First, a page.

Jack White Calls On the Major Labels to ‘Finally’ Open Vinyl Pressing Plants: ‘You’re Either Part of the Problem or Part of the Solution’

Jack White Supply Chain Issues
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Jack White Supply Chain Issues
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Photo Credit: David James Swanson

Amid historic vinyl sales – and historic manufacturing delays – Jack White has called on the major labels to open their own production facilities.

Detroit-born Jack White entreated Universal Music Group, Sony Music Entertainment, and Warner Music Group to help alleviate vinyl’s well-documented manufacturing woes in a minute-long YouTube video as well as an open letter. Uploaded to the account of his Nashville-based Third Man Records (TMR), said video features White inside TMR’s vinyl-pressing facility.

After a brief demonstration of the vinyl-creation process, White – whose upcoming concert series is aptly named The Supply Chain Issues Tour – enters the scene (employees continuing to work around him) and says: “This is Third Man Pressing, Third Man Records’ pressing plant, that I built and opened in 2017, using my own money.

“It’s 2022 now, and it’s no longer a fad. Vinyl records have exploded in the last decade, and their demand is incredibly high. A small punk band can’t get their record for eight to 10 months. And I now ask the major labels – Warner Brothers, Universal, and Sony – to finally build your own pressing plants again.

“As The MC5 once said, ‘You’re either part of the problem or part of the solution.’ Thank you,” White concludes. Then, all-caps on-screen text arranged around the major labels’ logos reads: “Please, build your own record plants. (Again) The vinyl industry needs it.”

The aforementioned 479-word-long open letter from Jack White expands upon the request, indicating in part: “‘At least once a week, without fail, someone will reach out asking me to help expedite their vinyl record manufacturing.’

“I’ve done everything within my power to help. Third Man Records began a concentrated focus on vinyl in 2009 with hopes of exposing its wider potential to the farthest reaches of the music industry. In 2017 I furthered my commitment by opening Third Man Pressing… a plant which has always been open to anyone and everyone who walks in the door and wants to press a record, from bedroom hip hop artists to field recording documentarians.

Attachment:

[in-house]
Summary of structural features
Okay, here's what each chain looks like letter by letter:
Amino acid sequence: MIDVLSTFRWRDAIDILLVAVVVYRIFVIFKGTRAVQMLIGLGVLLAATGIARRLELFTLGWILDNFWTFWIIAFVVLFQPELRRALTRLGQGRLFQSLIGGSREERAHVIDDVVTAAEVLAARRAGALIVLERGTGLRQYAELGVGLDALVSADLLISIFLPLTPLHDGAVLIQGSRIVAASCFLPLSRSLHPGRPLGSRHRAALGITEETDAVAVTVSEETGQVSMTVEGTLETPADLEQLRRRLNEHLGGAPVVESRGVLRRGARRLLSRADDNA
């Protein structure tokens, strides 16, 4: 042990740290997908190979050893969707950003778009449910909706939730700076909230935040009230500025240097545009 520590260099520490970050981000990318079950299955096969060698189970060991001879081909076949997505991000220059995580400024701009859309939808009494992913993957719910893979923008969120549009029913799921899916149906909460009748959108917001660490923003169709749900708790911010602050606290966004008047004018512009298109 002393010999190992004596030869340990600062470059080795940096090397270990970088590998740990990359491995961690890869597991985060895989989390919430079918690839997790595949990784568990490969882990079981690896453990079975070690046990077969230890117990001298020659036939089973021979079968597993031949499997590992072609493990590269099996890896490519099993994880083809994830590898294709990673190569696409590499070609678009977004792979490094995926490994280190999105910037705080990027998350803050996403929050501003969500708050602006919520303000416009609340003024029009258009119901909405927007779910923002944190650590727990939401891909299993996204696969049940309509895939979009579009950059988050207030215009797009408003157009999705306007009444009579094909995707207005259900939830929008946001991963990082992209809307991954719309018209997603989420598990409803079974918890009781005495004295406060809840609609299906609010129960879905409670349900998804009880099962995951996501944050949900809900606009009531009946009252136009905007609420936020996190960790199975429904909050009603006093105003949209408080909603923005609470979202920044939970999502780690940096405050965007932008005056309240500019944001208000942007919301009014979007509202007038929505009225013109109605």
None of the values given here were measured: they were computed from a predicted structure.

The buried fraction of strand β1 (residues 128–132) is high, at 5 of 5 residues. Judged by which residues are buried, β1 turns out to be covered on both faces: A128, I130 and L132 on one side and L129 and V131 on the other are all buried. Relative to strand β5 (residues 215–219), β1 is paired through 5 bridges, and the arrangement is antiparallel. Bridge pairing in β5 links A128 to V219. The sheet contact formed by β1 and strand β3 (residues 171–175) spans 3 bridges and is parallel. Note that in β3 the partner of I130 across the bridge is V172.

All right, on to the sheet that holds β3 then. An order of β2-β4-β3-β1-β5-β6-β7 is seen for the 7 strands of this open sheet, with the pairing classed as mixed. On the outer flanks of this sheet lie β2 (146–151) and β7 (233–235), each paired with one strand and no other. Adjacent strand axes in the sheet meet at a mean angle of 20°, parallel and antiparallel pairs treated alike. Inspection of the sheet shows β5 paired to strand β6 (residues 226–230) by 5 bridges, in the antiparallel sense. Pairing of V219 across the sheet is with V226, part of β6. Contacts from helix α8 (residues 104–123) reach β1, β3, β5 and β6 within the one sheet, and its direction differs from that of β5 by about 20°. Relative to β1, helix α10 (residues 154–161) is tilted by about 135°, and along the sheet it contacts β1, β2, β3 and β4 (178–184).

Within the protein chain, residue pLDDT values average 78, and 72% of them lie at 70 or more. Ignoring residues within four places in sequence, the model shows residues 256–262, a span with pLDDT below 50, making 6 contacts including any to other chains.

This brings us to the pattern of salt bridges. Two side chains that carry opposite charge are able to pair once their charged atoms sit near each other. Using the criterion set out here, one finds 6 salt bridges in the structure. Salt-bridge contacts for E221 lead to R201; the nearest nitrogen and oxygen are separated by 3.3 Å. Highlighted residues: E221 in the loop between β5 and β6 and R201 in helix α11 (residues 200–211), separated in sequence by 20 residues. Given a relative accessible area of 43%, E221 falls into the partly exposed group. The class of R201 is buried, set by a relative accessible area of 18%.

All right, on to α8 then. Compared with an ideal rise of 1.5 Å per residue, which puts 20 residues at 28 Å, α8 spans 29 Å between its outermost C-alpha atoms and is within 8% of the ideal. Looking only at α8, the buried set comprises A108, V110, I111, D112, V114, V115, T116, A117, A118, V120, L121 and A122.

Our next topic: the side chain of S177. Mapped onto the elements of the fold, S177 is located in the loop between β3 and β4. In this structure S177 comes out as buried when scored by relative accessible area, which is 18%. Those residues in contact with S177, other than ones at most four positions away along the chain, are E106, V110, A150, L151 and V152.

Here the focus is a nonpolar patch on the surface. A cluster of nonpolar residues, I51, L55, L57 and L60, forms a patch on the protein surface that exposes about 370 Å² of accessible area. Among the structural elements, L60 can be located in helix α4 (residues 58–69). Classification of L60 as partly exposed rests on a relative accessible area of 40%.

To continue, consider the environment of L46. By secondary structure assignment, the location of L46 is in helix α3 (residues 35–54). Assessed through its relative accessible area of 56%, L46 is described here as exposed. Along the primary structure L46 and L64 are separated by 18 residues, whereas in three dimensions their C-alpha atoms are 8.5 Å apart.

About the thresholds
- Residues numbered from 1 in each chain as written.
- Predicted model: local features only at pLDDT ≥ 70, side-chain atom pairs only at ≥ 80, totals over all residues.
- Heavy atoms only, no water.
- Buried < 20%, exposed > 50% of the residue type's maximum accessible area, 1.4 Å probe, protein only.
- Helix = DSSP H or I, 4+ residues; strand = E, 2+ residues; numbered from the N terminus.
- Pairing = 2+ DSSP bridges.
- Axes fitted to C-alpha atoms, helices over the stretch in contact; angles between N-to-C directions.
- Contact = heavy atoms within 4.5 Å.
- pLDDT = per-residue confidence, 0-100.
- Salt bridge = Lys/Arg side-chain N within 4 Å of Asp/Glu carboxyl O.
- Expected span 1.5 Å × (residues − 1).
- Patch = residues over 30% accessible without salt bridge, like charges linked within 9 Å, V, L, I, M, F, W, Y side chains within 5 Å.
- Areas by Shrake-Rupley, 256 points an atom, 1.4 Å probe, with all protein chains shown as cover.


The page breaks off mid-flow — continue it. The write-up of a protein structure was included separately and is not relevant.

“And in the last year, I’ve doubled down and invested in even more record presses, more employees to run them, and more shifts to try and accommodate the insane growing demand for vinyl product.

“There are people who will say – isn’t this good for Third Man? More demand than you can handle? To which I say, even though Third Man benefits in the short term, in the long term it ultimately hurts everyone involved in the vinyl ecosystem given the bottlenecks and delays. Something needs to be done.

“To be clear, the issue is not big labels versus small labels, it’s not independent versus mainstream, it’s not even punk versus pop. The issue is, simply, we have ALL created an environment where the unprecedented demand for vinyl records cannot keep up with the rudimentary supply of them,” the document from Jack White continues.

At the time of this piece’s writing, the Big Three labels – each of which reported a double-digit revenue increase during 2021’s final quarter – didn’t appear to have responded to White’s request on social media. But especially with stateside vinyl sales having cracked $1 billion for the first time since 1986 during 2021, according to the RIAA, the companies are undoubtedly aware of the vinyl-production bottleneck.

To be sure, Universal Music began taking orders for all manner of Nevermind 30th anniversary editions last year, but the largest (and most expensive) of these releases, featuring “8 180-gram LPs,” isn’t expected to ship until the end of May – about eight months removed from the actual 30th anniversary of the iconic Nirvana album.

Consequently, some artists are turning to CDs and even cassettes to assuage fans’ demand for physical releases. U.S. CD sales rose for the first time in nearly 20 years during 2021, and domestic revenue from “other physical,” including cassettes, hiked from $8.8 million to $14 million. International vinyl sales are likewise growing, however – resulting in the arrival of more global pressing plants.

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